When Jesus came to the place, he looked up and said to him, “Zacchaeus, hurry and come down; for I must stay at your house today.”

So he hurried down and was happy to welcome him. All who saw it began to grumble and said, “He has gone to be the guest of one who is a sinner.”

Zacchaeus stood there and said to the Lord, “Look, half of my possessions, Lord, I will give to the poor; and if I have defrauded anyone of anything, I will pay back four times as much.”

Then Jesus said to him, “Today salvation has come to this house, because he too is a son of Abraham. For the Son of Man came to seek out and to save the lost.”




Wild and Wonderful (Sept 8, 2013)

bugs bunny Is there anyone here who does not know the name of this “wascally wabbit”? Bugs Bunny! Bugs is just one more in a long line of cartoon characters who bear little resemblance to the real life animals on which they are based. Bugs has a long torso, and arms and legs, and is most often seen standing upright, like a person. He wields his carrot in the way an old time stand-up comedian would handle a cigar, and he talks and acts like a wise guy from Brooklyn. Humans have long practiced what is called Anthropomorphism, or personification. This is attribution of human form or other characteristics to anything other than a human being. Examples include ascribing human emotions or motives to forces of nature. There are echoes of this whenever hear the weather reports describing Hurricane Rhonda, or Tropical Storm Louise. I wonder why we don’t give names to earthquakes and forest fires. Anthropomorphism has ancient roots as a literary device in storytelling, and in art. Most cultures have traditional fables with animals which act, and think, and feel emotions, and talk like humans. Aesop’s fables are well-known, but there are even more ancient examples. Here is an illustration from a Syrian edition of the Panchatantra, printed in 1354.   rabbit fools elephantThe original story is dated at least 3 centuries before the time of Jesus.  Rabbit fools Elephant by showing him the reflection of the moon.

Not long ago I had an experience with a real live, non-talking rabbit. On a quiet spring evening I lay in our backyard hammock, a medieval murder mystery in my lap. The sun’s warmth had lulled me into closing my eyes, just for a moment. I awoke to bear witness to a moment of commonplace wonder.

brown backyard bunny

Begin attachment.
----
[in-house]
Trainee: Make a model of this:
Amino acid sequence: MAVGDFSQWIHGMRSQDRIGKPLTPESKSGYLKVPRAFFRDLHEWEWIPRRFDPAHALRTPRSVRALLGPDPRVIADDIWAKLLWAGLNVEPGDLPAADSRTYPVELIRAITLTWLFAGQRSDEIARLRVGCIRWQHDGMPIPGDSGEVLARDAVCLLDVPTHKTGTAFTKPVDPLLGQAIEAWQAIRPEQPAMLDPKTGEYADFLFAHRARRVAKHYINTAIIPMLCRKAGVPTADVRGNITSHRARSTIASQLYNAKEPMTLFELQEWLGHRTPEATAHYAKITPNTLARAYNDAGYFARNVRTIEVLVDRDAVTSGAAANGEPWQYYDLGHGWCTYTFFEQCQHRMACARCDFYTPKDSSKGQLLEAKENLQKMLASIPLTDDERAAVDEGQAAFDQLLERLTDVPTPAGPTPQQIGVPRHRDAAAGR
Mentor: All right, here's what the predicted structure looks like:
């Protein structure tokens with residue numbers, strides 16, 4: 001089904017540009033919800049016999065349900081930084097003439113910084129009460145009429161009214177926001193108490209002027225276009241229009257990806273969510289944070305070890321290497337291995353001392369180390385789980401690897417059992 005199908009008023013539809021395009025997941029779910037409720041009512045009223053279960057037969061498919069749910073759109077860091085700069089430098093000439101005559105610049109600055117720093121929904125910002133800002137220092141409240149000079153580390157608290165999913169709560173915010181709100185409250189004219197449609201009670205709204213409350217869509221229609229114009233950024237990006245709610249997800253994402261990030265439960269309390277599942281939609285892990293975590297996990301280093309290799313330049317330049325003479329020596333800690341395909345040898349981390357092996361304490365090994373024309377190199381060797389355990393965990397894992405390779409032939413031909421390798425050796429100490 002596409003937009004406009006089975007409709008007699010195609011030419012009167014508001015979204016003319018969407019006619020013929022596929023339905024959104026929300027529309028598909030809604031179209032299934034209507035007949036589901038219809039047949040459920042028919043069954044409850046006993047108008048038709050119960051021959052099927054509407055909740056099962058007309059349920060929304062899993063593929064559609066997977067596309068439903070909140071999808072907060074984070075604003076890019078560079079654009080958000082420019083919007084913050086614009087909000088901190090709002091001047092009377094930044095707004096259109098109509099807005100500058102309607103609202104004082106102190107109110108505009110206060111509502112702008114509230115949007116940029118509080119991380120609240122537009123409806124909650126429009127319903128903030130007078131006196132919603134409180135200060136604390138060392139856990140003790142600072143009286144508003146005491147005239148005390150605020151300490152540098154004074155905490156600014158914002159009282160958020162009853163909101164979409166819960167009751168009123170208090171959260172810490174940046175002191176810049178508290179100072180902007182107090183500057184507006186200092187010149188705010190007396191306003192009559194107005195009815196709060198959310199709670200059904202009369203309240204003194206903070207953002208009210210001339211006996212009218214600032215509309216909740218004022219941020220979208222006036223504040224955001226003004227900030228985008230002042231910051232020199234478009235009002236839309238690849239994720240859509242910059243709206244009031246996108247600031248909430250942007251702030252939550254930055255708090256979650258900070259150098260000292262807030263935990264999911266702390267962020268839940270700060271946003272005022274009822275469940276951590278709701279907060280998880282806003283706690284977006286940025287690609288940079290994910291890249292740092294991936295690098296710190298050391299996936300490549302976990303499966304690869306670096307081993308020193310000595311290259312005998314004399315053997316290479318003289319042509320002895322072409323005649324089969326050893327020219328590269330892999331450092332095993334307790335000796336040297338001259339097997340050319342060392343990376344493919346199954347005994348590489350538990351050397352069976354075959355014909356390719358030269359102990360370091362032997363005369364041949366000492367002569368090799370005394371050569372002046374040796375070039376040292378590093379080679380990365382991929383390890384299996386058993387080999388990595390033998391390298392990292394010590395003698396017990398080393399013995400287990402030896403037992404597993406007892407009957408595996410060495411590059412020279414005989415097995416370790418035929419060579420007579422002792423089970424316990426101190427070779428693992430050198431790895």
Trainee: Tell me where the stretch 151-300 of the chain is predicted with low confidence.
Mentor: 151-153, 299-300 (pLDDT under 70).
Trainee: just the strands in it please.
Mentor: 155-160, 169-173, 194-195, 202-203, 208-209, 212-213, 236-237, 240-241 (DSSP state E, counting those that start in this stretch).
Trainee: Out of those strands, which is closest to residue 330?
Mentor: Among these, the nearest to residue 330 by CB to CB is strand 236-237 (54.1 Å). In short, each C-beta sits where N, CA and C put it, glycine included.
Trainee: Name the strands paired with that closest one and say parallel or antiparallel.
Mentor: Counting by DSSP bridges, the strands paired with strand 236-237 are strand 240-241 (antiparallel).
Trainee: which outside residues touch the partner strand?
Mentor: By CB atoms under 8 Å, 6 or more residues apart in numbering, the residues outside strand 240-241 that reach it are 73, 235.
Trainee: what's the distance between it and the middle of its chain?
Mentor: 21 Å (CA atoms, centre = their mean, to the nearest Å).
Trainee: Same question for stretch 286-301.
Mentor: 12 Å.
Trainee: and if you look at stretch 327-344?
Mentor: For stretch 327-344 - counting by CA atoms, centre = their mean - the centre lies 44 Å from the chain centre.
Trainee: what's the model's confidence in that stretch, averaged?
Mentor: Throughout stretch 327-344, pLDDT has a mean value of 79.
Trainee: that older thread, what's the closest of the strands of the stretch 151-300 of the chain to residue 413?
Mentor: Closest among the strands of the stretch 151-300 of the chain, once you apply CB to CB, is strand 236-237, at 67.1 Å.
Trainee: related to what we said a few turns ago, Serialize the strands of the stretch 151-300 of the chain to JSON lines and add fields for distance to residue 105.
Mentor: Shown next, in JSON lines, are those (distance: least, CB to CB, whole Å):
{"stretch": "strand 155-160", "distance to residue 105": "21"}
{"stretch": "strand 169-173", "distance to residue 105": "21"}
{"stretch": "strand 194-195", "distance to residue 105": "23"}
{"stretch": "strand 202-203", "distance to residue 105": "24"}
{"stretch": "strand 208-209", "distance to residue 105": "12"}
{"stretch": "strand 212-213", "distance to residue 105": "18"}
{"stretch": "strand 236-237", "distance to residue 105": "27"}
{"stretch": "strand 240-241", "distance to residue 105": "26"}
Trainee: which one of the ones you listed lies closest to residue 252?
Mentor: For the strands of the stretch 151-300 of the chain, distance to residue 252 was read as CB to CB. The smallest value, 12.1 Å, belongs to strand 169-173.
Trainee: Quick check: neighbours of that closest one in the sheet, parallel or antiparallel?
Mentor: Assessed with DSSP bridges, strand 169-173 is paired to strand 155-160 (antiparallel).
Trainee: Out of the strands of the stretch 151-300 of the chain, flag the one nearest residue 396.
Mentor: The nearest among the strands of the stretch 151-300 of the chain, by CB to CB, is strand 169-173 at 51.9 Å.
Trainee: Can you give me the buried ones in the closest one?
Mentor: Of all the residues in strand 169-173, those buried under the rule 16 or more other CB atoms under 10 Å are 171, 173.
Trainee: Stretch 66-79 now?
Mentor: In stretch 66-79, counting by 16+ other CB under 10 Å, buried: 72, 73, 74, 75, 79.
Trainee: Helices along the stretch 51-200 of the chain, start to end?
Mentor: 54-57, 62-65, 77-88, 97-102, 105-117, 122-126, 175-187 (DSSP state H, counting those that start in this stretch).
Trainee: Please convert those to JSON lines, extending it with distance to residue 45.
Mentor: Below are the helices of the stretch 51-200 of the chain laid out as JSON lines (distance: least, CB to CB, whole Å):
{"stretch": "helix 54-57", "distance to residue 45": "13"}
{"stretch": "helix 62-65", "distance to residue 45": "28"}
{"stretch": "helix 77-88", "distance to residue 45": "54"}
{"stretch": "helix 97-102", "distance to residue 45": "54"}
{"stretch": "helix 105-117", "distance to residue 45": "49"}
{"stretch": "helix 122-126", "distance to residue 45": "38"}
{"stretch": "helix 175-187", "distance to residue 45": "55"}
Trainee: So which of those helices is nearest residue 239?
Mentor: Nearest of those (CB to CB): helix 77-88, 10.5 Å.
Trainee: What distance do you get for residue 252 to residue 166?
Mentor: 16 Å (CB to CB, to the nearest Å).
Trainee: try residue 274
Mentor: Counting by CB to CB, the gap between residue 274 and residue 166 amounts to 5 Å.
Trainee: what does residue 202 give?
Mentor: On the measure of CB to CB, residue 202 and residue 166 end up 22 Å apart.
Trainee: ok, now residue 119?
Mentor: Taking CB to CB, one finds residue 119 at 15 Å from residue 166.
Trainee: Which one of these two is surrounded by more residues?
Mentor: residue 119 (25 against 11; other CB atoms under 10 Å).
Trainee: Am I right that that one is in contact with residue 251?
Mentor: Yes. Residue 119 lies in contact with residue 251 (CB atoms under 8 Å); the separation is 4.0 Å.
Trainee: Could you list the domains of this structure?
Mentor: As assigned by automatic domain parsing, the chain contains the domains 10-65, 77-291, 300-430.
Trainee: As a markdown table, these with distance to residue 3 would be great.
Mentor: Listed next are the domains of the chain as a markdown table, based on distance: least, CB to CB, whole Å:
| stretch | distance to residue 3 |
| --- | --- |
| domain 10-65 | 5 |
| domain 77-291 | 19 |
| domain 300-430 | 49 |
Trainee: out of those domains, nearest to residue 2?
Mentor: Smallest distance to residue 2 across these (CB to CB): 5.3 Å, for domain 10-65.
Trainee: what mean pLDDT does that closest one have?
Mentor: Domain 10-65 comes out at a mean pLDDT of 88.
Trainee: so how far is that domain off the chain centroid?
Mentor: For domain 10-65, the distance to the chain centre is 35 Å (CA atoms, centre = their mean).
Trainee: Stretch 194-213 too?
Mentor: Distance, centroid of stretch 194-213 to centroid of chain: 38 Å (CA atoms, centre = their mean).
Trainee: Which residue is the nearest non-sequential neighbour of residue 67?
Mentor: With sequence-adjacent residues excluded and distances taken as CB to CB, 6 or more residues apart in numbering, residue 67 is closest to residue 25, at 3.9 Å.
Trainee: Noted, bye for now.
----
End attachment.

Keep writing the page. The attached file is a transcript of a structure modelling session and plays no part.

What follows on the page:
Just a few feet from where I lay suspended, a rabbit munched peacefully on grass and clover. This rabbit seemed less furtive than some we see skitting about our yard. Its ears were relaxed. Its head only occasionally swivel-scanned the area. I admired the mottled blend of browns- real earth tones- of its fur. Even at rest, I could see the lean outline of muscle and sinew beneath, ready to twitch into untamed speed.

There was nothing cute about this creature. In the light glinting off the dark, round disk of its eye, I glimpsed “otherness”- an intelligence nothing like my own. This was a moment in which I realized that we do not always see what is really there. We see what we have been conditioned to see, and we see what we want to see.

We filter out the wildness, and focus on the cuteness, the fuzzy resemblance to cartoon characters and stuffed animals. Even the cutest, most domesticated rabbit is still a wild animal.

fluffy persons parkes

My friends who have had their lamp cords, tv cable, and stereo wires chewed up every time Fluffy gets loose can attest to the untameable, unteachable nature of their pet rabbit. Fluffy does not like carrots, he does not talk like Bugs, and he definitely does not understand the word “No!”.

Today we are celebrating Flora and Fauna Sunday. Flora is represented by the plants at the front of the sanctuary. They are reminders of all that grows out of the soil. It is good to have those signs of life in our midst. It is so easy for us to lead air-conditioned, sanitized lives in which we see more nature on television than we do in person, even though it is all literally outside of our doors.

Fauna is the word we use for all the animals, birds, and water creatures, and insects, that according to the Book of Genesis, emerged from the clay of the earth, and were given life by the creator. In our call to worship we expressed our kinship with the animal world. We are, in fact, a family of fauna—both biologically and spiritually. The creatures of Earth are our kin. We have all emerged from Earth and return to Earth. All living things are animated by the very breath/spirit of God.